One of a series of love letters to Norwich during the coronavirus lockdown of 2020. A few local people reflecting on what they miss, about everyday life in the city.
I touched down in Norwich for the first time in a decade on February 21, 2019. From a cheap flight into the UK, I’d boarded a coach to the station on St Stephens. The coach had seemed to have a tongue in its cheek as it silently joined and followed the route of my old school bus, approaching the city. I’d been travelling all day; the journey had started that morning with the closing door of a live-work studio in an enormous (haunted, derelict) Stasi factory in East Berlin that housed artists. I had felt strongly that a Berlin chapter was something every good artist should have. This was a pivotal trip: the next week I played my first ever headline show in London, in a small venue but which had sold out the same day the tickets went up. In Berlin, we’d made an EP/film called TXC, and one single from it, The Don, had alerted BBC Introducing in Norfolk – they wanted an interview. So I was going home.
Needless to say, it was one of the most surreal nights of my life. In the part of the evening that’s bright blue and orange-lit by street lamps, the benches outside Topshop where I’d loitered as a totally aimless teenager were unchanged. I remembered a cute path through the churchyard underneath St Peter Mancroft, and up to the big spaceship of The Forum, where I borrowed and copied all the CDs you could rent (was that illegal? tell me who to hide from). And there I gave Sophie Little one of the most startled-sounding interviews she’s probably ever heard.
My first performances were in this city. Initially, I only used singing to get out of trouble – I’d learnt young that if I was desperate for money and started to sing on Norwich’s streets, I could get it. When I was fifteen, we formed a band that played swing, funk and soul with many, many brass players and I fronted that for weddings and parties and we made more. Hollering Whole Lotta Love at surprised dinner guests, blowing their brains out: the greatest confidence I’ve ever known. Not long after, I left for the bright lights of the big city, lots of cities – New York, Barcelona, Paris, some months in a pub called Albion in Hackney, and then Berlin, collecting all kinds of music from everywhere, working with friends who are musicians, who tend to get everywhere.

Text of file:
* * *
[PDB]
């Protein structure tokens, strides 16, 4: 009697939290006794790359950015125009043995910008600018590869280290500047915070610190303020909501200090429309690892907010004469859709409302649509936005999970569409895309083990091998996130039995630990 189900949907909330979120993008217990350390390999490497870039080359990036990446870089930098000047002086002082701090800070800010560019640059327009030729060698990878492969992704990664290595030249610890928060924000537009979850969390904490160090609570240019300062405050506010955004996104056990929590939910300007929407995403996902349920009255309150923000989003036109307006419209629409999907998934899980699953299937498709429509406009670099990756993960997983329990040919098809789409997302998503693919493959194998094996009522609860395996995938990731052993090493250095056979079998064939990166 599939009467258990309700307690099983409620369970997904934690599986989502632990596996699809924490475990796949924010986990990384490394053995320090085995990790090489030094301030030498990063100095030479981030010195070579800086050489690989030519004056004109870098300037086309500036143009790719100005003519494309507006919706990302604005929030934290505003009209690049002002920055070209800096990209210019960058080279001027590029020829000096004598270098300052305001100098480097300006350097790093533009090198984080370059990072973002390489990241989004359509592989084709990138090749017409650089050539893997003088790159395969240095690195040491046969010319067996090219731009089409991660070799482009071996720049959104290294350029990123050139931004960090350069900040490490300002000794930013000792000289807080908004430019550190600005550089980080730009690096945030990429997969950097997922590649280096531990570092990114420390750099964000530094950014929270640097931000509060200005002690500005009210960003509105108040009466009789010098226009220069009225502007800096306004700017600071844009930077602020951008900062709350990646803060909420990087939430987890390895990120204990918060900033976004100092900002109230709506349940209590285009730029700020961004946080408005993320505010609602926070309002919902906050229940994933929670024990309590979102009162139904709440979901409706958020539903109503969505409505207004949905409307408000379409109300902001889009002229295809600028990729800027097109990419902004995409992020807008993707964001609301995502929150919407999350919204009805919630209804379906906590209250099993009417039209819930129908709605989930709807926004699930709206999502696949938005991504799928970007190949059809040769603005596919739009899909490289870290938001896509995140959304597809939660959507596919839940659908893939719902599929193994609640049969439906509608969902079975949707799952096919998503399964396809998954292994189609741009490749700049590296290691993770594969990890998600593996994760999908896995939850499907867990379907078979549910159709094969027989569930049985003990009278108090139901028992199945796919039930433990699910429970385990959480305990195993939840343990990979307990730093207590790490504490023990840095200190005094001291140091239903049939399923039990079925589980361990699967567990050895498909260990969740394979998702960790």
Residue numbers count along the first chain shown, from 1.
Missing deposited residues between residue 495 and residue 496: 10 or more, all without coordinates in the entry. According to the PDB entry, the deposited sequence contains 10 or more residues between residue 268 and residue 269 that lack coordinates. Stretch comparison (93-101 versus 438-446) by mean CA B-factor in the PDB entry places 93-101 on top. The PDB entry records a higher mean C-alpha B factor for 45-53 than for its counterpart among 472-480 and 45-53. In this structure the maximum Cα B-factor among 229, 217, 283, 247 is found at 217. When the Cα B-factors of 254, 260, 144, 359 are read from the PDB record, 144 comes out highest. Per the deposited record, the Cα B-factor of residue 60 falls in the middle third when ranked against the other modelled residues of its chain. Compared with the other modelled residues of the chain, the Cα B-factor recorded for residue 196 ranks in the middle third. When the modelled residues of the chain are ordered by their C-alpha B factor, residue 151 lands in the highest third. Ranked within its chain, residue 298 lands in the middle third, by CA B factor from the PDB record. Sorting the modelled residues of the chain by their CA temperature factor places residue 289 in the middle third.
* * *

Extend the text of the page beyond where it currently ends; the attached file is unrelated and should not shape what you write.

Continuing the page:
The city courted me slowly, for a whole year. First with the BBC Introducing welcome of sugary tea and the wonderful Sophie. Someone showed me a video of Maya Law. Sessions with passionate eccentrics I met afterwards, wandering my old street (St Benedict’s) seeking out Soundclash and Cookes Guitars, pleased to find them. That summer, the BBC put me forward for their stage at Glastonbury and somehow or other I won it. I came back to The Forum again afterwards, to go on the actual news, with actual Sue, interviewing me on the red sofa. I made some more time for a few sunny hours in the Lanes and met more musicians. I noticed the pattern of how it made me feel. In the autumn it got colder and it was Wild Paths Festival; I played two shows and trailed my friends and bandmates around the venues of my home city as they all erupted with music at once. More magical, more surreal, like someone had taken one of my childhood dreams and bewitched it.
In the end, I just ran here. My flat was posted online four minutes after I started looking. I live above the churchyard of St Peter Mancroft and I can see The Forum. Norwich continues to serve signs that I’m in the right place. The plotlines in this city are as old and intricate as Dickens and everything looks like the set of Harry Potter 3. I’ve made my follow-up EP to TXC and it’s called England. Norwich sustains a healthy musician habitat. It made me one and does still. I’m blown away by the talent and passion of those around me. The music industry can give you shellshock, but I trust the people here. It’s a Labour seat. Passions are celebrated and it’s not wrong to be different. There’s music literally everywhere, and money’s not everything. In some ways there will never be enough words for it, but if I had to choose one, I’d call it soul.
Gus’ new single ‘Albion’ is out now.
About the Author
Gus Harvey is a reformed musical nomad “delivering a bracingly fresh take on the singer-songwriter model, creating dreamy, dubby songs” [The Evening Standard, 20 Must-See Acts At